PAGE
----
August 17, 2010
MADISON - High water in many of the rivers that open Sept. 4 for the 2010 hook and line sturgeon season means that fishing prospects for the state's oldest and largest fish are murky three weeks out but that one thing is clear: bring bug spray.
Wisconsin's September hook and line sturgeon season offers a chance to fish for the state's largest and longest lived fish. Sarah Weeks released this 58-inch sturgeon she caught in 2008 from the Chippewa River.
"The story is the incredible amount of water and the mosquitoes," says Dan Fuller, Department of Natural Resources fisheries technician based in Poynette. "Right now the Wisconsin River, for instance, is running high. Normally it's 4,000 cubic feet per second, now it's 11,000 cfs."
Information on water levels can be found on the U.S. Geological Survey website at [waterwatch.usgs.gov] (exit DNR).
Fuller is not sure how those high water levels will impact the fishing. On the one hand, there is a lot of food washing into the river so the sturgeon may not be as hungry and interested in the baits anglers offer. On the other hand, the increase in water levels from the rain can start the fish moving.
For sure, the high water levels mean a bumper crop of mosquitoes will greet anglers casting from the shore, Fuller says. "Bring bug repellant."
A dozen waters open to harvest and a new C & R opportunity
Anglers looking for a real big fish story can find one on any of the dozen or so waters open for the 2010 season, which runs Sept. 4-30. Additional season information can be found in the current Wisconsin fishing regulations
The 2010 season marks the fourth year that the minimum length for harvesting sturgeon is set at 60 inches, with a one-fish limit per season. There is a catch and release season on a stretch of the Menominee River downstream from the Hattie Street dam to Green Bay.
New this year is a catch and release season on the lower St. Croix River from St. Croix Falls Dam downstream to the Mississippi River from Oct. 1 through Oct. 15 to allow Wisconsin and Minnesota to have the same regulations for the same species. This is not reflected in the Fishing Regulations 2010-2011.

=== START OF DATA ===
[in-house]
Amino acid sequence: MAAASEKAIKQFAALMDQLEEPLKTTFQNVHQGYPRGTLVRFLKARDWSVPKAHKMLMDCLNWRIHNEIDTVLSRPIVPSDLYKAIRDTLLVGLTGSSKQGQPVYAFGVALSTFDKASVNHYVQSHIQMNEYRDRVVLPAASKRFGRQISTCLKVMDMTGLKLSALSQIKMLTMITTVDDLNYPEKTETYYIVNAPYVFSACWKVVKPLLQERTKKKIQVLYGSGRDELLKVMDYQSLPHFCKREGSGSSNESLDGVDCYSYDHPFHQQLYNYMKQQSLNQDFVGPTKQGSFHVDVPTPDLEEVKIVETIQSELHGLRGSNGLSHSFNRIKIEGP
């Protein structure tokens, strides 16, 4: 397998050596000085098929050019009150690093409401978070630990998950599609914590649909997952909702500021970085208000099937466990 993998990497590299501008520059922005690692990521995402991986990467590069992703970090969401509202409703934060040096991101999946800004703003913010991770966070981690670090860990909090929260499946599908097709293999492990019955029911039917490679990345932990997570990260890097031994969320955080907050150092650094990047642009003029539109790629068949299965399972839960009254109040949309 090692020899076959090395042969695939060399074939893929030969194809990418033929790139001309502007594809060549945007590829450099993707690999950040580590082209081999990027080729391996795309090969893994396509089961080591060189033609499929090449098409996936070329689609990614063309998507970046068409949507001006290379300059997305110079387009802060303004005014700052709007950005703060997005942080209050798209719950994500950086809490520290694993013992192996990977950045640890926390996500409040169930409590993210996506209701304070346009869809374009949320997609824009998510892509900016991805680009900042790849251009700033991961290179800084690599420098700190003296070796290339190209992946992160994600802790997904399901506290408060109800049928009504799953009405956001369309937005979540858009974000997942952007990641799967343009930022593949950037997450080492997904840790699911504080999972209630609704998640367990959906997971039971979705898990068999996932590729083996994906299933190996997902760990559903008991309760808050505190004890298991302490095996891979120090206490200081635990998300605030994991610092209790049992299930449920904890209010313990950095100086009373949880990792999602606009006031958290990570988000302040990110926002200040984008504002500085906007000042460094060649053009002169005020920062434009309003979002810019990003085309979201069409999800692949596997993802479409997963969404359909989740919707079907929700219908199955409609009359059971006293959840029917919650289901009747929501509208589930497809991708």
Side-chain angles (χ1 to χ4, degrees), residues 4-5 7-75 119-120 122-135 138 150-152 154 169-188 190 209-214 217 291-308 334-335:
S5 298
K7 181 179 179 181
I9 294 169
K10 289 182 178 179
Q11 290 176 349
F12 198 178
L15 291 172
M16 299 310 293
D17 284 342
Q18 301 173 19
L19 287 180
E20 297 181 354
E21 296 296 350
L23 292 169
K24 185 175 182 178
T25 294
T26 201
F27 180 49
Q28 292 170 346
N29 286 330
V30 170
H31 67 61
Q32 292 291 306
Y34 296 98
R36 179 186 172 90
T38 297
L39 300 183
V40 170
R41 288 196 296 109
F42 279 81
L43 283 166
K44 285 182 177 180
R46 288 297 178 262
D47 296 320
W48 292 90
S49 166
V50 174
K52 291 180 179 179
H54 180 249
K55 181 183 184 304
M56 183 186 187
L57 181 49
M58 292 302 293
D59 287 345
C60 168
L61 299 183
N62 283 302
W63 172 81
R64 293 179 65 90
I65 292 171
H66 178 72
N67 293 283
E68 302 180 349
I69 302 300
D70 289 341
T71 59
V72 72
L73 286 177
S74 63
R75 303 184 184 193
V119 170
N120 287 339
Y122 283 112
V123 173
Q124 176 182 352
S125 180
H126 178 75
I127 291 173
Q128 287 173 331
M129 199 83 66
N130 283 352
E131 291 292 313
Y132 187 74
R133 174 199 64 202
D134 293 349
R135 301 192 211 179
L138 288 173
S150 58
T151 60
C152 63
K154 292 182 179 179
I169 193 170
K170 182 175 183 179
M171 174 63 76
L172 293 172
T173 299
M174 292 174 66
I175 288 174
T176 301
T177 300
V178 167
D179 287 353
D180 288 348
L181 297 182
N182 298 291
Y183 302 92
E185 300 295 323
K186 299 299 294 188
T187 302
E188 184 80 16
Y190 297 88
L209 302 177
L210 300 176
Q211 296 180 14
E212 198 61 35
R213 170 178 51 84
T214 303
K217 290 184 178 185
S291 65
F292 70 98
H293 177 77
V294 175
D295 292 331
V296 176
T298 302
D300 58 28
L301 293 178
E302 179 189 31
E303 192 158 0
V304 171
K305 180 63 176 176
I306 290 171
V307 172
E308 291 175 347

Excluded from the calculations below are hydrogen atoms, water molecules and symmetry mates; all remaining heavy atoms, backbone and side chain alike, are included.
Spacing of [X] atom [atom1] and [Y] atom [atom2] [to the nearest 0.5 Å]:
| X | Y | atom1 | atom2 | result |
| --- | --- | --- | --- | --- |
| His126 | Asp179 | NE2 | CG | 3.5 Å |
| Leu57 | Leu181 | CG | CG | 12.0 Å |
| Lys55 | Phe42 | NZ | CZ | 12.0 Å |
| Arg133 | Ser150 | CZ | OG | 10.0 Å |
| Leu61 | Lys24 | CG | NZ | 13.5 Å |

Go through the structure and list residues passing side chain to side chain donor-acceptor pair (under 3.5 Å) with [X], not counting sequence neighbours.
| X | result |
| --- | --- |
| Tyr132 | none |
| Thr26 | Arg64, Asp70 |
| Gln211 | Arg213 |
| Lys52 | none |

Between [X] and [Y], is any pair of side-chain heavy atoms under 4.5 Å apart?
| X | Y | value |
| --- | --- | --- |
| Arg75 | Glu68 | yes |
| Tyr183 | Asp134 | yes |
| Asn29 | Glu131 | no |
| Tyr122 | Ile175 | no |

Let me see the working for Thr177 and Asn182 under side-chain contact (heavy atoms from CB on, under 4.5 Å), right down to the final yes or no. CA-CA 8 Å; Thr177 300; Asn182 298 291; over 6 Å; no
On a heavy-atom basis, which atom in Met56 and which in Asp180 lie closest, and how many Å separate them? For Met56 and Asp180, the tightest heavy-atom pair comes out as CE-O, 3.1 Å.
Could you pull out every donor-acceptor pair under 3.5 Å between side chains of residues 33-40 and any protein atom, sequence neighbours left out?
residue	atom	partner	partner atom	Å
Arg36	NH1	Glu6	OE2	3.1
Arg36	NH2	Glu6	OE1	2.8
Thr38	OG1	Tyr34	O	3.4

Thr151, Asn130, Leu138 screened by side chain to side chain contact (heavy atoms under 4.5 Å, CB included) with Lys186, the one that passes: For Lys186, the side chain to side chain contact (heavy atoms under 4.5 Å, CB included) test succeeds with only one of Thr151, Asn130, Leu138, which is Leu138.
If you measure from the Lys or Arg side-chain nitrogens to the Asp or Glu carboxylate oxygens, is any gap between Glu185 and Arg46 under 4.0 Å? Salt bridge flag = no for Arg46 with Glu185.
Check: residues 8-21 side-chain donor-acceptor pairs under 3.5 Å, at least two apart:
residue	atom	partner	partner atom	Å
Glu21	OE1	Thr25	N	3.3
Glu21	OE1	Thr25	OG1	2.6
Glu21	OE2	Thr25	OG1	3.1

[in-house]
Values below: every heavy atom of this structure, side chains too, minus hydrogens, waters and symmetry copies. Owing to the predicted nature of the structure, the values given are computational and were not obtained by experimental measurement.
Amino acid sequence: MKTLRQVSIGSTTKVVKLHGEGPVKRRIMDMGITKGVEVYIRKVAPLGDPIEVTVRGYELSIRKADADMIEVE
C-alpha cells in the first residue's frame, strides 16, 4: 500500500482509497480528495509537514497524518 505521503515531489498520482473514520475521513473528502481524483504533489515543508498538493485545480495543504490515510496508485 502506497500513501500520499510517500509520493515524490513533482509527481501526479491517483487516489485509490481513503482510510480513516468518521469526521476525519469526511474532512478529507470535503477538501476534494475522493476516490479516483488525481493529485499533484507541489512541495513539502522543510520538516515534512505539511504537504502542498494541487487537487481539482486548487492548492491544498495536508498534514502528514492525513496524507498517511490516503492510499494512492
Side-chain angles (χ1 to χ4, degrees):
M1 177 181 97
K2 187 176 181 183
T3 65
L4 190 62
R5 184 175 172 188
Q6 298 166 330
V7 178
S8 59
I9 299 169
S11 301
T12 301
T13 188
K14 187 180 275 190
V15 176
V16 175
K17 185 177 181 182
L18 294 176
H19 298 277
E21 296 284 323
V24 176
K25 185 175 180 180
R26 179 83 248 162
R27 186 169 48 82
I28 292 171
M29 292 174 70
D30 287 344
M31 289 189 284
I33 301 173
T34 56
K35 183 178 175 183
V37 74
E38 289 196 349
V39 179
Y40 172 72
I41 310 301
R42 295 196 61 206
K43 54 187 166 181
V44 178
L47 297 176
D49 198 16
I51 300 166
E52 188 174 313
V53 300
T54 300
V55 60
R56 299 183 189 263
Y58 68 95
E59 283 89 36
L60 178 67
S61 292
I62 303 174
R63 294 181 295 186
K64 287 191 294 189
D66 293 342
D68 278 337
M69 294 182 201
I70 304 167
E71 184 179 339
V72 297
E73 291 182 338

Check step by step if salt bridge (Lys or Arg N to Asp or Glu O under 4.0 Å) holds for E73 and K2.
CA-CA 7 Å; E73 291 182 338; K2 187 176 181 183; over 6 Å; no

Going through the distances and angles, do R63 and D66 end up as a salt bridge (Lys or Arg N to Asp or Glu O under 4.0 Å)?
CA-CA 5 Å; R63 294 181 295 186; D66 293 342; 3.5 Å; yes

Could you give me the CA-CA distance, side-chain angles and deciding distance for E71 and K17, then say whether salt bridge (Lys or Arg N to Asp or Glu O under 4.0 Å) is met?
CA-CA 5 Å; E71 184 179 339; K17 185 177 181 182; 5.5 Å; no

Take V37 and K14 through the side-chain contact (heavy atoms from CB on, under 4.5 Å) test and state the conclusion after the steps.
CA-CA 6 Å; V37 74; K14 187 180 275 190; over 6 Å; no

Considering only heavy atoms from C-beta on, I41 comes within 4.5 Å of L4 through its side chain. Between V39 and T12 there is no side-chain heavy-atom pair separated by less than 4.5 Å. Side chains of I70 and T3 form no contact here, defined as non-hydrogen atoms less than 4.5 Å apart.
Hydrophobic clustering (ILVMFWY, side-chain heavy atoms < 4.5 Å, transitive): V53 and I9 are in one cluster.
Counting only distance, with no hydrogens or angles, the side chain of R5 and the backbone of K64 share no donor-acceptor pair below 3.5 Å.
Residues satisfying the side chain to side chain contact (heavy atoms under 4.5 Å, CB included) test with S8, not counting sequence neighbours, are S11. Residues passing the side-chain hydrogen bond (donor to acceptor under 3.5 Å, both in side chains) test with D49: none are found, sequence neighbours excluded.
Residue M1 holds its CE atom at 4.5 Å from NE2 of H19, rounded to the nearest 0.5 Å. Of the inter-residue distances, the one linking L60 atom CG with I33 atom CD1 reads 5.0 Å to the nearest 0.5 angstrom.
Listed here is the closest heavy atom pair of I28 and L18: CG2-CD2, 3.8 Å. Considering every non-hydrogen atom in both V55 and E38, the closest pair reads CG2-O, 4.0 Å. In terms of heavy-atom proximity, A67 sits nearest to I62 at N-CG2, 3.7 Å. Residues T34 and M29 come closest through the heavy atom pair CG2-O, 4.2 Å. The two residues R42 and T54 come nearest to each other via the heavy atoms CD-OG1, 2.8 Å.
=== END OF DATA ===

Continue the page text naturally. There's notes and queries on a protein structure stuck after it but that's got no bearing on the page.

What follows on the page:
"We continue to provide people with surgeon angling opportunities," says Karl Scheidegger, a DNR fisheries biologist in Madison who co-chairs the state's sturgeon committee. "There are fish out there. With persistence and a little know-how, anglers stand a good chance of landing one of these giants."
Lake sturgeon are slow-growing, late maturing fish, with females spawning for the first time when they are 20 to 25 years old and then only every four to five years thereafter. Because females are larger than males, they are often targeted by anglers, and their overharvest can cause population declines that may take years to recover.
So to protect these vulnerable fish, the state's sturgeon management program seeks to limit harvest to 5 percent of the adults in a particular population. On some waters, harvest rates were significantly exceeding that rate.
"One of the things we wanted to try to accomplish through the regulation change was the reduction in harvest," Scheidegger says. "Clearly we've done that but we need to continue to look at how we manage sturgeon so we can improve management in all areas."
If anglers do plan to harvest a sturgeon this season, they must purchase a harvest tag before they fish. The sturgeon harvest tag was implemented for the first time in the 2006 hook and line season. All revenues from the harvest tag sales go directly to projects dedicated to the improvement of sturgeon populations and habitats and therefore, better fishing opportunities. No tag is needed if anglers are catch and release fishing only.
The harvest tag is available throughout the season and costs $20 for residents and $50 for nonresidents. It can be can be purchased: over the Internet through the Online Licensing Center; by calling toll-free 1-877-WI LICENSE (1-877-945-4236); at license sales locations; or DNR service centers during their regular business hours (check service center link for hours of operation, which vary by service center).
Anglers who harvest a legal-size fish must immediately attach the harvest tag to the fish and take it to a registration station by 6 p.m. the next day for registration.
All anglers must have a Wisconsin general inland fishing license unless they are under 16 years old, or were born before Jan. 1, 1927. Military personnel who are Wisconsin residents and in active service but on furlough or leave are eligible to receive a free annual fishing license. They still need to purchase the $20 lake sturgeon harvest tag if they plan to keep a lake sturgeon.
Of note on the Menominee River sturgeon season would be a reduction in the number of registration stations. Beginning this year there will be only four stations, two each in Wisconsin and Michigan. Those locations are:
FOR MORE INFORMATION CONTACT: Dan Fuller - (608) 635-8127 or Karl Scheidegger - (608) 267-9426